Katie Pauls; Masters Student
I am a second-year Master’s student at UW-M, with a research focus in sedimentology and paleoecology. My project focuses on the marine fauna of a shelf-edge environment during the Late Paleozoic Ice Age. This past spring, I was able to conduct my field work in Patagonia, Argentina, and was given a grant from SEPM for my research. In addition to globe-trotting as well as my usual teaching duties this past spring, I also interned in the Geology Department at the Milwaukee Public Museum. This past summer I have gone on a few trips—one in particular to Arkansas to look at the famous spillway outcrop of the Jackfork Formation—and I have also done further research for my thesis. Coming up later this fall I will be heading off to Charlotte, NC in order to present my preliminary data at the GSA Annual Meeting.
I graduated with a B.A. from Augustana College in Rock Island, Illinois. Believe it or not, I originally planned on being an English major. By the end of my freshman year, I saw the error of my ways and quickly declared myself a Geo-major. Since then, I have been on numerous trips all over the U.S. studying rocks. I have also traveled to Brazil with an REU program (Research Experience for Undergraduates), led by Dr. J. Cotter of the University of Minnesota, Morris. It was during that summer that I fell in love with South America. I have also been fortunate enough to have the opportunity to intern and work for the U.S. Army Corps of Engineers-Rock Island District in their GIS department.
Oak Forest, Illinois (aka Southwest side of Chicago)
- Previous degrees (Degree and University)?
B.A. at Augustana College, double-major in Geology and Spanish
- Expected graduation date?
- What is your field of study and how would you describe it to a prospective graduate student?
My thesis focuses on the paleoecology and sedimentology of the LPIA’s Pampa de Tepuel Formation, which is located in Patagonia, Argentina.
- What brought you to UWM to study Geosciences for your graduate degree?
I have always been interested in working abroad, and fell in love with field work in Brazil. I made a decision to find a program with a project that would take me back to South America. At Augustana, it was recommended to me to look into work by John Isbell, because of his work with Gondwana and the LPIA. From there, I found out that John was also a fellow Augie-alum, and that he knew one of my professors at Augustana, Dr. Hammer.
- What's been your best experience so far?
I would have to say that the best experience of grad school thus far was traveling to Patagonia in Argentina to do field work. I had the absolute time of my life there, and would go back in a heartbeat.
- In graduate School, have you gotten the opportunity to travel as part of your education?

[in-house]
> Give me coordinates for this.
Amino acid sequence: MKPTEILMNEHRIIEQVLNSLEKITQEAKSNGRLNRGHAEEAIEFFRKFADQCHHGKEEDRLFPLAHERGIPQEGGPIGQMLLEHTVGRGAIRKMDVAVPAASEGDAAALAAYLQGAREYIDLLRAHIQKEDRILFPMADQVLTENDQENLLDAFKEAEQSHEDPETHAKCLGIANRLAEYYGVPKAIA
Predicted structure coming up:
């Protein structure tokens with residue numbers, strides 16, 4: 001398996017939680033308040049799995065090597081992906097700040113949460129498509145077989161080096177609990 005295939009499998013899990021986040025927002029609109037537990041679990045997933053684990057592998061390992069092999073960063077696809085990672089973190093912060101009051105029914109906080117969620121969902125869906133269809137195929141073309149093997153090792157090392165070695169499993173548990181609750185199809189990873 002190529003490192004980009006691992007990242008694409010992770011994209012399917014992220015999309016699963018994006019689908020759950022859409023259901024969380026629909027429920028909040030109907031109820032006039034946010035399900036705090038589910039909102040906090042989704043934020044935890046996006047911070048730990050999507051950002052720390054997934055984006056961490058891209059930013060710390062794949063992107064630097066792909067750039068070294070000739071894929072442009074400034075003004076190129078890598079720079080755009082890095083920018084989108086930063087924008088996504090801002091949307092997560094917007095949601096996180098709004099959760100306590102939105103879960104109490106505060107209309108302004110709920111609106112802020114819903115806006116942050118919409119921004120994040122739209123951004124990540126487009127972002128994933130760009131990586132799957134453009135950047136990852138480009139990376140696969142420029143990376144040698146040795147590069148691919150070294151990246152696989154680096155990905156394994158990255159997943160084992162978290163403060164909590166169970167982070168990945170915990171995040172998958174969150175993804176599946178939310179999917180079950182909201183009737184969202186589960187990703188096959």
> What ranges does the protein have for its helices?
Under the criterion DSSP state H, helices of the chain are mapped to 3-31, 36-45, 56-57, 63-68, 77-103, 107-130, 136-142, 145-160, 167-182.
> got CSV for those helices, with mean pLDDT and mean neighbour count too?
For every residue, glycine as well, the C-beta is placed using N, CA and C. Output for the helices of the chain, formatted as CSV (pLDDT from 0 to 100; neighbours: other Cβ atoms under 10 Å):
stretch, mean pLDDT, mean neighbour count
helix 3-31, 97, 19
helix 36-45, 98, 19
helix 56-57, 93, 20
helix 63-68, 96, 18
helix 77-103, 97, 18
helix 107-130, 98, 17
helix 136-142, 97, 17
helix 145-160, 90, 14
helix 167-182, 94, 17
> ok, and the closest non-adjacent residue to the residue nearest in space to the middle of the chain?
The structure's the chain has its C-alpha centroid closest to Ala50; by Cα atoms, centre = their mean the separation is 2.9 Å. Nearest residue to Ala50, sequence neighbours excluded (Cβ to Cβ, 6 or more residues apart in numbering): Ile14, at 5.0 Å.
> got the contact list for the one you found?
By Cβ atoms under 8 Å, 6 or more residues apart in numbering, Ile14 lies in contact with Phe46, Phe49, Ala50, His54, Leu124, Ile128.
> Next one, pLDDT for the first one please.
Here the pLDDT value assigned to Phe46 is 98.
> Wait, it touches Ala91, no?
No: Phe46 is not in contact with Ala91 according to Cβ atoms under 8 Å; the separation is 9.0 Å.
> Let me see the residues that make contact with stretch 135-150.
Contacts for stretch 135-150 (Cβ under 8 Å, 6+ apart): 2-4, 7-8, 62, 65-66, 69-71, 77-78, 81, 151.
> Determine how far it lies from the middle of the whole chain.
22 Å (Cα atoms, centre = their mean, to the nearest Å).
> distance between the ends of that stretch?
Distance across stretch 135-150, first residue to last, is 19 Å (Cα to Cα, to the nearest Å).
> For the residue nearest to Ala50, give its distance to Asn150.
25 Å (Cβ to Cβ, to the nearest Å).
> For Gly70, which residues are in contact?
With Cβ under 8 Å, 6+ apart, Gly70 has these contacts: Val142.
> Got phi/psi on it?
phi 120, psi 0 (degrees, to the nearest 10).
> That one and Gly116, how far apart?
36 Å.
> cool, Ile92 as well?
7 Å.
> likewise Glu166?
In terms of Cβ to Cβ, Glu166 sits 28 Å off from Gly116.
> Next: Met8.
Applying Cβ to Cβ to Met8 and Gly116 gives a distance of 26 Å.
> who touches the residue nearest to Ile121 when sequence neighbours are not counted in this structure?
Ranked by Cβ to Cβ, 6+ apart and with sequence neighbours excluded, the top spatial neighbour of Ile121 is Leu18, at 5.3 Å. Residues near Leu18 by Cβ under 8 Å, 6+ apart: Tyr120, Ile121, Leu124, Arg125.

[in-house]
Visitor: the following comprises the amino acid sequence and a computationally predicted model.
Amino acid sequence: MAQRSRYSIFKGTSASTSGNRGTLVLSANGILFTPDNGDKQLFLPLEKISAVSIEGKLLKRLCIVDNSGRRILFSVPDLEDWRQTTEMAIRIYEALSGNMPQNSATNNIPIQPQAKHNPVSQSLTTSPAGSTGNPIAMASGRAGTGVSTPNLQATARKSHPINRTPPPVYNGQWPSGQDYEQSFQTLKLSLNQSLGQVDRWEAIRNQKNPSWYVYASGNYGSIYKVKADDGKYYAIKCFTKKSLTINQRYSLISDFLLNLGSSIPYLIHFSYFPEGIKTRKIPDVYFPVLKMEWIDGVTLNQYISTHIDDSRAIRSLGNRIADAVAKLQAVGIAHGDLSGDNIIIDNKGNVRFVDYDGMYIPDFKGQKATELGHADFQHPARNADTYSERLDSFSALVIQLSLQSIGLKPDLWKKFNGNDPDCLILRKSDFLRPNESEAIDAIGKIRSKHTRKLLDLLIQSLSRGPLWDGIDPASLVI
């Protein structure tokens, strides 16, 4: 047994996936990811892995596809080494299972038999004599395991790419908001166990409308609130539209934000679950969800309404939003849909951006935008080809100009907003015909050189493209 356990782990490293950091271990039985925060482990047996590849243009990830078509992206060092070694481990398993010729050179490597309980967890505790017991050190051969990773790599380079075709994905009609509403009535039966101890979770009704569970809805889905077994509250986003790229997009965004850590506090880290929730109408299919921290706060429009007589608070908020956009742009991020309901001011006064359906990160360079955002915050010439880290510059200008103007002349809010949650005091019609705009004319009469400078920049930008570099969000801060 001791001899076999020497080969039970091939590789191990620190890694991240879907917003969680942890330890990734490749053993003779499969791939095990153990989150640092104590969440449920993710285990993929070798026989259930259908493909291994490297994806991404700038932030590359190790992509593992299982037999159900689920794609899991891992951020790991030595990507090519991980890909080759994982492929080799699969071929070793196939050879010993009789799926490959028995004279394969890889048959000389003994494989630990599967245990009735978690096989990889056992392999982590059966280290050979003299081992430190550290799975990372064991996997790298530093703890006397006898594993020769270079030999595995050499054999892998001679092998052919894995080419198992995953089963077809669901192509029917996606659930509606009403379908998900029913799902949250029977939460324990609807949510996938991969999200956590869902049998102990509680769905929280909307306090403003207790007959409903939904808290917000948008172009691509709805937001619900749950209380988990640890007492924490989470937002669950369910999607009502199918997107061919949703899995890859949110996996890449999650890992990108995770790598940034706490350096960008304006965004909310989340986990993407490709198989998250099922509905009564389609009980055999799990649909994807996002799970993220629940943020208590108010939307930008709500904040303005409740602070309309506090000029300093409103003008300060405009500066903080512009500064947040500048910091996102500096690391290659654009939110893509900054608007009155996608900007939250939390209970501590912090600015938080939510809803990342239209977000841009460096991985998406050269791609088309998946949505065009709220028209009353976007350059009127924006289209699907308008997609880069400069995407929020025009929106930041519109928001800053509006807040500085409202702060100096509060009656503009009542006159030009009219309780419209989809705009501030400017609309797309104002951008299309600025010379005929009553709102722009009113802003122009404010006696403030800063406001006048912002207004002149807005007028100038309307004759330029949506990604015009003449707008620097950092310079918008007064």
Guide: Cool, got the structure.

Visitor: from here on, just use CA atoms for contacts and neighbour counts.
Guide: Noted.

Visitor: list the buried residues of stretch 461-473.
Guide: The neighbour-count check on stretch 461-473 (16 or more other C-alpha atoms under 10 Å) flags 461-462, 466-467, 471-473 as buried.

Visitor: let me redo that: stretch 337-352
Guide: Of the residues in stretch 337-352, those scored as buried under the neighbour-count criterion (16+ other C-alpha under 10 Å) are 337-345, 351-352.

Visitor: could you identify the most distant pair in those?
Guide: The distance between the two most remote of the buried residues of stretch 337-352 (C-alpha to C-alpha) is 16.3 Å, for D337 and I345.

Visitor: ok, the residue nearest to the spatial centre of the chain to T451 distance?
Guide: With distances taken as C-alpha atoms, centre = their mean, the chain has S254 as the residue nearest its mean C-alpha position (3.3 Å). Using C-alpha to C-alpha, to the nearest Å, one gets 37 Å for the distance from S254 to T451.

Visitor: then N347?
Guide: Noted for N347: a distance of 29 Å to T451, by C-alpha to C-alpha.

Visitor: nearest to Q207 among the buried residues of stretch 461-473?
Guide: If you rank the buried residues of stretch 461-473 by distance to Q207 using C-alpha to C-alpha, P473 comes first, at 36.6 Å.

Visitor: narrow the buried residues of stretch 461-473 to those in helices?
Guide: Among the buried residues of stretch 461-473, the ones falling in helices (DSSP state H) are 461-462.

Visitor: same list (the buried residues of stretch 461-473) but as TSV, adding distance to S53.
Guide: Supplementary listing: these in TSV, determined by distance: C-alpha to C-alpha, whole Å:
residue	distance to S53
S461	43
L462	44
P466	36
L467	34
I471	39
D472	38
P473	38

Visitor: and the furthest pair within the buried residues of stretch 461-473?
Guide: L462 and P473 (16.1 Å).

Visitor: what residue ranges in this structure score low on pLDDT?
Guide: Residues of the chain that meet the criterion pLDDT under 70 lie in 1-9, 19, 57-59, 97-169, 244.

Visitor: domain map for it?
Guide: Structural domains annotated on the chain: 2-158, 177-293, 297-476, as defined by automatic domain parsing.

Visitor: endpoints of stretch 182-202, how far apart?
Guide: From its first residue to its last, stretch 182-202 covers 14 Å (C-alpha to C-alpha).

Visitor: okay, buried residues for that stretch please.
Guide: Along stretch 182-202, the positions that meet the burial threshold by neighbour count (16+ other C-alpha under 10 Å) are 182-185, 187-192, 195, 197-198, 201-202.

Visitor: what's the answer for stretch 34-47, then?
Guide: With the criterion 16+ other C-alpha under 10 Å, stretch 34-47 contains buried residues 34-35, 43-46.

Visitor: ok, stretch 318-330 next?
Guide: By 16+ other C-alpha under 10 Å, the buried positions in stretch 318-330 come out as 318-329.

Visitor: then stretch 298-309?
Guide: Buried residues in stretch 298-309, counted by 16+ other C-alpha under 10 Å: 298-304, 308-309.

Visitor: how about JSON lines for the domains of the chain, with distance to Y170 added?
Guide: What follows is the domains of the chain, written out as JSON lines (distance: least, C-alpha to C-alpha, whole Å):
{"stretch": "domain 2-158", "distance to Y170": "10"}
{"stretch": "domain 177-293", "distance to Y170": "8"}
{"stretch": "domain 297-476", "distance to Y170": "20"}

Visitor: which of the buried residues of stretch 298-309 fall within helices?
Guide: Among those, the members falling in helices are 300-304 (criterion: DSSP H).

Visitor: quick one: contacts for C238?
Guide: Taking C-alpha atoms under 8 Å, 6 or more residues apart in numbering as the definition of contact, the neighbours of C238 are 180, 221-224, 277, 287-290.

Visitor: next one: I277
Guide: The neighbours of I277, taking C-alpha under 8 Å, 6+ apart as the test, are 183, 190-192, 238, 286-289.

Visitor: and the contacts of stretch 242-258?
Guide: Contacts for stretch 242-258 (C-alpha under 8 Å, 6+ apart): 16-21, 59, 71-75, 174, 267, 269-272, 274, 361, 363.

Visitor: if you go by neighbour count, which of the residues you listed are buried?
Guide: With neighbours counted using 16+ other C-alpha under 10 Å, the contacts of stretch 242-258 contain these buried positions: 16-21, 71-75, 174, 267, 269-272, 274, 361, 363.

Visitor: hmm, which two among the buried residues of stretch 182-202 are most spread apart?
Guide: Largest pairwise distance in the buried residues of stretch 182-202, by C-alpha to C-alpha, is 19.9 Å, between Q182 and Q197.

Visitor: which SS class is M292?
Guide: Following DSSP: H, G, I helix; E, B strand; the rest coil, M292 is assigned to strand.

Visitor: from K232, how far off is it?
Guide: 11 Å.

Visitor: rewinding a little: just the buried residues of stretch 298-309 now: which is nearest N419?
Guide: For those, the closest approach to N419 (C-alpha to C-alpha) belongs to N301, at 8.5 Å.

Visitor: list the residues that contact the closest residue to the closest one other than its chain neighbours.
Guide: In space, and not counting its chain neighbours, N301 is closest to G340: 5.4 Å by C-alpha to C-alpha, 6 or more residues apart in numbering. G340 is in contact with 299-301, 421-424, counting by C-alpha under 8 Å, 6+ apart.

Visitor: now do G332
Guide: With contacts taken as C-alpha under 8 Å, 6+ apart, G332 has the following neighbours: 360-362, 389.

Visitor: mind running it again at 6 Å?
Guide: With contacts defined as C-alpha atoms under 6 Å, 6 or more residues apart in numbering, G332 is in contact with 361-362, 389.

Yes, aside from traveling to Argentina, I have gone with my advisor, John, to Arkansas to study the Jackfork Formation. I was able to travel to the GSA Meeting that took place in Minneapolis last fall, and am planning on attending the meeting this fall, as well, in Charlotte, NC.
- What trait or thing has allowed you to succeed in graduate school?
I really do thoroughly enjoy the project that I’m working on right now. I’m constantly learning new things, which helps keep me on my toes and definitely makes every day interesting.
- Do you have any advice that you would give to a new graduate student in your program?
I wouldn’t worry if you think you’re not an expert in one particular subject because sometimes it’s better to come at a problem with an open mind.
- What has been the hardest part about being a graduate student?
I have had to give up reading “for fun”. Contrary to popular belief, reading papers for thesis research does not count. This past summer, I had a little extra free-time and caught up on some more “light” reading.
- What are your plans after you graduate?
That is the million-dollar question, to which I am trying to find an answer. I have done the whole work-at-an-office-in-a-cubicle-staring-at-a-computer-screen-all-day thing, and I know that if I can help it, that I don’t want to do that for the rest of my life. With that in mind, I am hoping to find a job, perhaps in the environmental realm, as I love traveling, nationally or internationally, and enjoy working out in the field.
- How would you describe the Department of Geosciences at UWM to a prospective student?
There’s such a great vibe about it. Everyone gets along with one another; it’s like having a very large family. My advisors are super supportive, which means a lot when you suddenly realize you’re not an undergrad anymore.
- What has been you r favorite activity while you've been in Graduate School in Milwaukee?
I love taking much needed breaks and getting two scoops of frozen custard at Kopps.
- What do you most enjoy about Milwaukee?
I love love love the Lake. I grew up on Lake Michigan, and while I did enjoy the river life while attending college on the Mississippi River, nothing can compare to the Lake. I hadn’t realized how much I actually missed it until I moved here last August.